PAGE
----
Taking the "Anti-Cool" Position-- A response to those who are furious at Hasbro.

I was checking out the Womma Word blog, which frequently highlights some of my favorite marketing blogs, when I came across this post from Matt Dickman regarding the news that Scrabulous is in big trouble with Hasbro for copyright infringement.

"Dude, get the legal out of the room"..."Just talk to these guys"...it's all very lovely. Except for one thing. EVERYTHING about this game, from the tile placements, to the damn name, is taken from a great game that was invented by Hasbro.

I agree that Hasbro needs to work with these guys. Obviously they've stumbled across something relevant, and fun, and some might even say-- revolutionary. But the assertion that Hasbro should PAY these guys-- pay them after they've been taking ad money off of a game that is not really their own....well, that's just not fair. Sorry to be uncool, but it's not. What's right is right, even if Hasbro is the "corporate machine" and these Scrabulous guys are two awesome dudes in a basement somewhere.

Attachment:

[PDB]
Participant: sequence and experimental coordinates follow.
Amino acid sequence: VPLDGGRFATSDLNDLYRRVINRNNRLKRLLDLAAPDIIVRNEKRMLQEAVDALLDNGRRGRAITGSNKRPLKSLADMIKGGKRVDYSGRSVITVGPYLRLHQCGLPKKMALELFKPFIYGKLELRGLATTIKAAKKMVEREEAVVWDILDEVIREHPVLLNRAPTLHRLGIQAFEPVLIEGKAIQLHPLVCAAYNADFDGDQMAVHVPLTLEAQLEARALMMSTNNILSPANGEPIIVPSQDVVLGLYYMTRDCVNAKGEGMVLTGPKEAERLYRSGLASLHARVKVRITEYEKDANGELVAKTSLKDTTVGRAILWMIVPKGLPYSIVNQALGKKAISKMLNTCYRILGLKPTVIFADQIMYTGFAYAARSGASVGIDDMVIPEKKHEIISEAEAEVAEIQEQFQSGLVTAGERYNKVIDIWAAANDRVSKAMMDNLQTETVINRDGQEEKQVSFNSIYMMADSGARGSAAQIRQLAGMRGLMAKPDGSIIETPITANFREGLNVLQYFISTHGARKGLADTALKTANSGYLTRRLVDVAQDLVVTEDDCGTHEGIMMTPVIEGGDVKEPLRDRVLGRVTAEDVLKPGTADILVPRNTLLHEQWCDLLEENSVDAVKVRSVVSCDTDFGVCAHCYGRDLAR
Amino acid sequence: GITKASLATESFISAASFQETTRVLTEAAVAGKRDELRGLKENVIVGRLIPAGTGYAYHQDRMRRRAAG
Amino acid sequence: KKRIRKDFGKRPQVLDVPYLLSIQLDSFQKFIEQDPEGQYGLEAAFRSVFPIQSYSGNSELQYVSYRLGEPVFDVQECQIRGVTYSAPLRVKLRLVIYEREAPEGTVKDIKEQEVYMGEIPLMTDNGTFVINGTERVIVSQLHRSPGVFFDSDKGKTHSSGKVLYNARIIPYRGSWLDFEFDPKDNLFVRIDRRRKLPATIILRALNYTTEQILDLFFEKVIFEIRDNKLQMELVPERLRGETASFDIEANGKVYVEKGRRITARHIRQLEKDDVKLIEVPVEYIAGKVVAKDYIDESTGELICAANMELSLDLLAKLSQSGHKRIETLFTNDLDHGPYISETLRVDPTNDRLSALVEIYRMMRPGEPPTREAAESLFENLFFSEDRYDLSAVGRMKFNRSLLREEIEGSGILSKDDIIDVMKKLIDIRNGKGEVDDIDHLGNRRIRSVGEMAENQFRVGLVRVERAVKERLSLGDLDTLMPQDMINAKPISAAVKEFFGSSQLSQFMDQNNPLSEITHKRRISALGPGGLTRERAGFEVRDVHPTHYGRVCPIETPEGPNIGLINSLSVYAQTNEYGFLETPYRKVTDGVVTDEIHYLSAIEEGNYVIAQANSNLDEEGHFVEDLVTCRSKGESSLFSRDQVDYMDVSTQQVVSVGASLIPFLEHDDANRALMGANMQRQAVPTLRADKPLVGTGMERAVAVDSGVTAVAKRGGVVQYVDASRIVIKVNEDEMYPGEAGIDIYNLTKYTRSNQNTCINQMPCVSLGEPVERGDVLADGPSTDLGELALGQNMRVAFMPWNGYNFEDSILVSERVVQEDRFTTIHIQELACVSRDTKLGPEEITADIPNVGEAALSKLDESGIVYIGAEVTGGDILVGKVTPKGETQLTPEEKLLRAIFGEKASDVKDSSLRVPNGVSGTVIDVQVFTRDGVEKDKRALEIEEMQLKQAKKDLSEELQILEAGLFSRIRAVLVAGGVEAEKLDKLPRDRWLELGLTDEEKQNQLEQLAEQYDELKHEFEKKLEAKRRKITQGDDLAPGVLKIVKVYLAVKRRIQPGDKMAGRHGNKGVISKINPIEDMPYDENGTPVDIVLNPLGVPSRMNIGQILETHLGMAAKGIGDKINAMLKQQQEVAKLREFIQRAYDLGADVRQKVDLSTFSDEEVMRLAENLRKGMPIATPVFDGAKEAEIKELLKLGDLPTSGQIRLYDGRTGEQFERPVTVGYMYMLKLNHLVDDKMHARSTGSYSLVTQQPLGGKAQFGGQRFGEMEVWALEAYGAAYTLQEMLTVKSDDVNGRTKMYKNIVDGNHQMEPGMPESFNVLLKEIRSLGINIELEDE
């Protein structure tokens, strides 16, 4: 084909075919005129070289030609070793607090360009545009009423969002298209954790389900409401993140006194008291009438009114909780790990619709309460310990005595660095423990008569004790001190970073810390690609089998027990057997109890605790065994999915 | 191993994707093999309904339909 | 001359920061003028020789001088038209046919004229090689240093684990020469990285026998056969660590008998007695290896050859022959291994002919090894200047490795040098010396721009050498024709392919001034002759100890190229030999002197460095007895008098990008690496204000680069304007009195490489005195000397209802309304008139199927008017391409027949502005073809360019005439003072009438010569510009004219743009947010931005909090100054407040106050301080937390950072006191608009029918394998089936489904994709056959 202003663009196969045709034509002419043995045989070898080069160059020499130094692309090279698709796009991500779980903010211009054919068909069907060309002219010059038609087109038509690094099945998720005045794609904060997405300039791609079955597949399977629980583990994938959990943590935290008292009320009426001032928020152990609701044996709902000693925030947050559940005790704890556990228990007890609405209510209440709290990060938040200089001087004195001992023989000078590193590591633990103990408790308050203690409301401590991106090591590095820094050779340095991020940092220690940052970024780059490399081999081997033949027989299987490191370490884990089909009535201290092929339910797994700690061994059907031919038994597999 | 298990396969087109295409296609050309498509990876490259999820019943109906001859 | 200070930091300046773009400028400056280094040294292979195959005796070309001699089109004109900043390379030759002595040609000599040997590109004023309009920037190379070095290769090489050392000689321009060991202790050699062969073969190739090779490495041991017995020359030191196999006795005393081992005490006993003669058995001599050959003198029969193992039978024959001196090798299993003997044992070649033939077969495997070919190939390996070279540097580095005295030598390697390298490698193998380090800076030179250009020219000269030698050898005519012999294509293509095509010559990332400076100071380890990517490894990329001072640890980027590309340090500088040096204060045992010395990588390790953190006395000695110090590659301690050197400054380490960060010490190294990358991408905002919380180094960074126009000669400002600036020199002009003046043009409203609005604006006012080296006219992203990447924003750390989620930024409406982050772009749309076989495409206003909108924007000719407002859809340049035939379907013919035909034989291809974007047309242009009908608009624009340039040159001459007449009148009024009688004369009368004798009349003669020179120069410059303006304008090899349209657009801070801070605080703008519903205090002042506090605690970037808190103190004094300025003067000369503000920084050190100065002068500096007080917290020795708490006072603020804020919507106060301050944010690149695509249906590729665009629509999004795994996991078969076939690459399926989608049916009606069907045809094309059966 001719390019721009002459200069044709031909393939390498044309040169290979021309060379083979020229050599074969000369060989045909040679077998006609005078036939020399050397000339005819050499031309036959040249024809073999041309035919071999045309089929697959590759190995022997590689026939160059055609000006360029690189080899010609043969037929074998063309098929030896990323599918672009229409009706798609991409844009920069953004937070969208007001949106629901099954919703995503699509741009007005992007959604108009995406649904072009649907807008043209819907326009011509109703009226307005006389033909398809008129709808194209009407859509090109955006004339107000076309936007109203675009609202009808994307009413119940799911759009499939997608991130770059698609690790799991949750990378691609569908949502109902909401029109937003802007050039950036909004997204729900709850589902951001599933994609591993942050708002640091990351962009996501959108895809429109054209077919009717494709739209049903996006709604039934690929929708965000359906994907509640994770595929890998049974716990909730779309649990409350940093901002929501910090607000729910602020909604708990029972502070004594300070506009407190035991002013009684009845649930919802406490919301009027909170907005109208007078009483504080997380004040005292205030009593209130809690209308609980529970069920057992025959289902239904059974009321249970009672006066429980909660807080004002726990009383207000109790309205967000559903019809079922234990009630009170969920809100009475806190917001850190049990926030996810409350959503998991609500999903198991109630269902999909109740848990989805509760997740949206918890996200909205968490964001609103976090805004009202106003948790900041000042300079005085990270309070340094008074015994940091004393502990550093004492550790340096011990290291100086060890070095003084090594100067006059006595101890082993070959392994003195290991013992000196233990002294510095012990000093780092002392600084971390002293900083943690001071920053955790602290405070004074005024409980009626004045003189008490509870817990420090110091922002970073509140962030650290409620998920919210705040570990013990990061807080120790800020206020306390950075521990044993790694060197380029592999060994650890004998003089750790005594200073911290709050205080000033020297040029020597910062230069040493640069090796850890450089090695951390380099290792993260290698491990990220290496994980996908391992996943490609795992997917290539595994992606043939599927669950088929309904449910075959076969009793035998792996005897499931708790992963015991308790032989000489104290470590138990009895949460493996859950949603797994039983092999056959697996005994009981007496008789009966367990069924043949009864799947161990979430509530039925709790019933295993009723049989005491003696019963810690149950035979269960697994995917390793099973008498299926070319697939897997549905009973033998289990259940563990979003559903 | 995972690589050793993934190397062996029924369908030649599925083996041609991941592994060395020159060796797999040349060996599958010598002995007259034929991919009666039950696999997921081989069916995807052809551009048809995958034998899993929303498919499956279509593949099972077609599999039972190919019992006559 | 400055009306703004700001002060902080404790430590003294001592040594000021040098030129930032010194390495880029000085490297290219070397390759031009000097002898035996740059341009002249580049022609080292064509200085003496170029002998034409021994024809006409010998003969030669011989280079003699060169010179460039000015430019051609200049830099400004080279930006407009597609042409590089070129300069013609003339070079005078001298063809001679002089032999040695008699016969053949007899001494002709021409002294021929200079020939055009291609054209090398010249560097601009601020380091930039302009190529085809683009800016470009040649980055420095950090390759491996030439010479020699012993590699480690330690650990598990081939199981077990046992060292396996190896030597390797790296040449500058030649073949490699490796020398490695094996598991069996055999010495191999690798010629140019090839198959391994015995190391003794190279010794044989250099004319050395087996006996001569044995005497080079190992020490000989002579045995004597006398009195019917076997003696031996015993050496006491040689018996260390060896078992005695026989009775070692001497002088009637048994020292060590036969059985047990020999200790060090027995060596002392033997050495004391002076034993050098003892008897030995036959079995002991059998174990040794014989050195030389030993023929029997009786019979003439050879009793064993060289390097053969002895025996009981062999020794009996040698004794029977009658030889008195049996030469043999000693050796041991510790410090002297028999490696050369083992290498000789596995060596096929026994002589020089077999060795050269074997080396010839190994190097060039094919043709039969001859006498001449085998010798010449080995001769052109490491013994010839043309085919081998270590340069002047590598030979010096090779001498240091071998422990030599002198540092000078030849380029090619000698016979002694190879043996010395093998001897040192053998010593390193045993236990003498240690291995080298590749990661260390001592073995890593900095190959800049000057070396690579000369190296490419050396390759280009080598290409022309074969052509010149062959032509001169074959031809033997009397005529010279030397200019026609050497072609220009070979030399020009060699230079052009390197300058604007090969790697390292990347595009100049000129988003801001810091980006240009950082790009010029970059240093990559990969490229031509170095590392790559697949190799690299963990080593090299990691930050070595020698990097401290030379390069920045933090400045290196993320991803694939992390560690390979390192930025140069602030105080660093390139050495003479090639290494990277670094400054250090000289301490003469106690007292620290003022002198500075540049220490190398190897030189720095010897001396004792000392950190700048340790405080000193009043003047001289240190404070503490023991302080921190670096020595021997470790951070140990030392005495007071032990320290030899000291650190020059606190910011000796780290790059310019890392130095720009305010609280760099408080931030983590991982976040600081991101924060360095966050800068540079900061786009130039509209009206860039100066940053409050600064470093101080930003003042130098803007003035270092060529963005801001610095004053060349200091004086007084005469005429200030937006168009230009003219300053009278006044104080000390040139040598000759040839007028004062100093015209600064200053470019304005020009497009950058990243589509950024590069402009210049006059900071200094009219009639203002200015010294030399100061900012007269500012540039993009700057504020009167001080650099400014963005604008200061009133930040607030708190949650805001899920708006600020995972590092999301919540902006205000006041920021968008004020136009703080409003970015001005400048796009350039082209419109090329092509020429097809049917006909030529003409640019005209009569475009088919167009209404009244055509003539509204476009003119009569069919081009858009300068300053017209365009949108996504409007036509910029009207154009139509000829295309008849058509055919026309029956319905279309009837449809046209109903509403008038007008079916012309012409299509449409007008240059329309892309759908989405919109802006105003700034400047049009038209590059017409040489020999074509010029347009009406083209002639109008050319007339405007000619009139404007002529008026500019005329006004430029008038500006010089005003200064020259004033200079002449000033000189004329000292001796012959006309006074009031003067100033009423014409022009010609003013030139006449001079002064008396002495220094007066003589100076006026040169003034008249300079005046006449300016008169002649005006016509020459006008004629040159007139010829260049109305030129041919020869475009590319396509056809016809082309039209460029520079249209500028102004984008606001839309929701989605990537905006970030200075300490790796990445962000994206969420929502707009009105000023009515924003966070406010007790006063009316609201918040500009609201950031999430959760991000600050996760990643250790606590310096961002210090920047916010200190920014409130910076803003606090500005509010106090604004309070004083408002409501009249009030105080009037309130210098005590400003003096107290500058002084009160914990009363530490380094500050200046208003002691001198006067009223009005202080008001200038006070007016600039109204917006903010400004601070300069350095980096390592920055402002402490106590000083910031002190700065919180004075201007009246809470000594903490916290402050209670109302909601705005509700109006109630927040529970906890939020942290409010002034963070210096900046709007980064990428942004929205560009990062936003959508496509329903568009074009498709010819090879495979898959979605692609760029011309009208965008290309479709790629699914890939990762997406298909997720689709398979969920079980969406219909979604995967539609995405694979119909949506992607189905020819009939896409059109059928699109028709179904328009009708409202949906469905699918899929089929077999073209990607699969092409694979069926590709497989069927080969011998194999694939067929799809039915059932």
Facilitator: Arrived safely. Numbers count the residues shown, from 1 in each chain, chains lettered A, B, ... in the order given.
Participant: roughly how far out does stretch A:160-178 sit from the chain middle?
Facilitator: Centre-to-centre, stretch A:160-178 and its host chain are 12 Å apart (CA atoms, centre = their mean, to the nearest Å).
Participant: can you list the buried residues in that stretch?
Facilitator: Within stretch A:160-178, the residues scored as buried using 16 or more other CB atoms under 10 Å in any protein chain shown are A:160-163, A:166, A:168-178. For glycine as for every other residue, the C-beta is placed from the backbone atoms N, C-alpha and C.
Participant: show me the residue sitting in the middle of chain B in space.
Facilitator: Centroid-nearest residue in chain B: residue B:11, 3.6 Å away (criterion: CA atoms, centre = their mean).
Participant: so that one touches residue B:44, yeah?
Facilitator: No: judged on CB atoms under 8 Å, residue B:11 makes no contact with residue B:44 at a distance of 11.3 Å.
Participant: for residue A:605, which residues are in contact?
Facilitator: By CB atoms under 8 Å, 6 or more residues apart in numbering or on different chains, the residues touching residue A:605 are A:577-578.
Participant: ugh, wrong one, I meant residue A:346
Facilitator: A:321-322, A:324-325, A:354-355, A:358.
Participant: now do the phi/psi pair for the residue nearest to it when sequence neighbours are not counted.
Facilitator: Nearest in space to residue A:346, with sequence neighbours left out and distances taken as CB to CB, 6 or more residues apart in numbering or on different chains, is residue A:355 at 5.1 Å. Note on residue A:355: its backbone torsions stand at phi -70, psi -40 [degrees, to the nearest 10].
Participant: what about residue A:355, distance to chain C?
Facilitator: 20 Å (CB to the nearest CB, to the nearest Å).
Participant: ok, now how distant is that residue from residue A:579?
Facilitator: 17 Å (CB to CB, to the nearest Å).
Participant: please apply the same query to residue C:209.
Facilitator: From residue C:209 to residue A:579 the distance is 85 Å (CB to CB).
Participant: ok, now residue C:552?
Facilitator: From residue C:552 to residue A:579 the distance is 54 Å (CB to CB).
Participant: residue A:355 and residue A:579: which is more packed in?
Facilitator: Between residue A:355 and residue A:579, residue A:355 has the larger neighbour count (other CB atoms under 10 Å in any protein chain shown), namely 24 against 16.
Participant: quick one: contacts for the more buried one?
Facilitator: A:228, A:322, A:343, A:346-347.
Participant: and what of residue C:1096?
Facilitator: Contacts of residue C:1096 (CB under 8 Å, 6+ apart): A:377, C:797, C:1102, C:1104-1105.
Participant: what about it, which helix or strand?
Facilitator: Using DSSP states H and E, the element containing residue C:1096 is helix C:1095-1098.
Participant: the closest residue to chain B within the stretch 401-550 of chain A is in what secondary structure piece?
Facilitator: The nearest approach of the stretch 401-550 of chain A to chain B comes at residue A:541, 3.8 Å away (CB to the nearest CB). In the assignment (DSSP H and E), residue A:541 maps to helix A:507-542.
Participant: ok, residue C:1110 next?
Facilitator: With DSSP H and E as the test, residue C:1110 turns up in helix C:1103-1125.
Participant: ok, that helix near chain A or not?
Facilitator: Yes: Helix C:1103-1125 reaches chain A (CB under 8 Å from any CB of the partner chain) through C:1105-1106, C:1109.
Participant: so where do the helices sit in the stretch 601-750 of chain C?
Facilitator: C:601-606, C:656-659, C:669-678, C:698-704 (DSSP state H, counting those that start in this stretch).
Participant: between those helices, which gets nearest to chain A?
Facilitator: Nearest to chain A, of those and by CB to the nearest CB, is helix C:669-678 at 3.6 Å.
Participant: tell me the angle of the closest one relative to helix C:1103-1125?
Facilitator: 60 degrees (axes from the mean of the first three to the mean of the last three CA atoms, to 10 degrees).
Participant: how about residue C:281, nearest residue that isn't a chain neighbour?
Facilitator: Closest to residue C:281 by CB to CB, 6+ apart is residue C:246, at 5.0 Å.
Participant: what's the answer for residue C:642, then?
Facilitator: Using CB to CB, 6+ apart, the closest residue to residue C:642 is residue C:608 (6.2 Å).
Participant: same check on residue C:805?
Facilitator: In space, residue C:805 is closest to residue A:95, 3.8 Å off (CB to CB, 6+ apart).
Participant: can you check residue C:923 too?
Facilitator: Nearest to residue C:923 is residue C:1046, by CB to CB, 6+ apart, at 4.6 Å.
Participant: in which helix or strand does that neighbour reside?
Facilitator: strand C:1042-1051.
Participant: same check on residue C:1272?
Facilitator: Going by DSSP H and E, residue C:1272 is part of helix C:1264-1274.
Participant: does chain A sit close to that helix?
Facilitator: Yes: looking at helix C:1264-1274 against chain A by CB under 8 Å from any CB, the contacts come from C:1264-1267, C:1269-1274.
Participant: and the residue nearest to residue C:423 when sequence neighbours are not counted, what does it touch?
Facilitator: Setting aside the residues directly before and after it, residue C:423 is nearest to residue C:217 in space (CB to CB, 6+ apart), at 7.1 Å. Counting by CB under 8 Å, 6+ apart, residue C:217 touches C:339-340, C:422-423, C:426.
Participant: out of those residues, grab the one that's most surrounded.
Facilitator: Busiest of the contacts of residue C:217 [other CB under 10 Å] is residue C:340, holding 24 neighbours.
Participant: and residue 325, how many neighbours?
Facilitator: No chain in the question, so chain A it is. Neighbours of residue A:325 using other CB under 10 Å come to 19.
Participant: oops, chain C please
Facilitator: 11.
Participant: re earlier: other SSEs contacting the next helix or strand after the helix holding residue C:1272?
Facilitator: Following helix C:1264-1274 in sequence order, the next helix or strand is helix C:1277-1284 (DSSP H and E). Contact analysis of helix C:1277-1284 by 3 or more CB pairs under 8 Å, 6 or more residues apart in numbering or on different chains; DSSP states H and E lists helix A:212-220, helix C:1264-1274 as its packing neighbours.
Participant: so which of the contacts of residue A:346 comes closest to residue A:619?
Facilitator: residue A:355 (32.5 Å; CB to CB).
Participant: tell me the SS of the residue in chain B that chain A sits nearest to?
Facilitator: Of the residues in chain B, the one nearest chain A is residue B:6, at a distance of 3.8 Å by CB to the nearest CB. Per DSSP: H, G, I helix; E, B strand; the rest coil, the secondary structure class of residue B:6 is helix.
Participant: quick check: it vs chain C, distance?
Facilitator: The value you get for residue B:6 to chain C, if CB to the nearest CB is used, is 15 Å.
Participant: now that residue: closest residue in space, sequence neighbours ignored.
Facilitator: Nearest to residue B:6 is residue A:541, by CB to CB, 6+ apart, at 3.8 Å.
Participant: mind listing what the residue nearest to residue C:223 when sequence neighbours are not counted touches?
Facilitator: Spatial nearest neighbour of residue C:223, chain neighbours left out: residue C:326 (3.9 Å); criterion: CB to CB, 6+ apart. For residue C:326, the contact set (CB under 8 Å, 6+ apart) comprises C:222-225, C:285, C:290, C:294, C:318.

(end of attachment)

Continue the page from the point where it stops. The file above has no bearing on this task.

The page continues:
You know, my husband and I play Scrabulous. He plays it more than I do. AND, when he plays (he may be furious that I am reporting this), he often goes to Scrabble.com to use the Scrabble dictionary. He MIGHT even occasionally type in his letters and get clues for certain word combinations. My point is not to reveal my husband as a Scrabble cheater. It's simply to show that the game has changed. It has changed, my friends. In the world of social networking, it is considered okay to consult your dictionary before making a move. And, therefore, in the world of online applications that are eerily similar to board games, it might be okay to not be sued for millions of dollars. And so, in a sense, yes, legal should leave the room. These Scrabulous dudes should NOT be sued by Hasbro, but Hasbro SHOULD be able to have the application, and hire the guys just like normal consultants. And they should be paid a fair rate. But they should NOT receive millions for figuring out how to play online Scrabble-- simply because they stole the game. Had they pitched this to Hasbro originally, as consultants, I feel certain they would have met with success. And, I am sorry to report to those of you who hate "the man", the application would have been just as successful. Because its a good application, dammit. And, because it connects people...which, at the end of the day, is what all of this hullabaloo is about.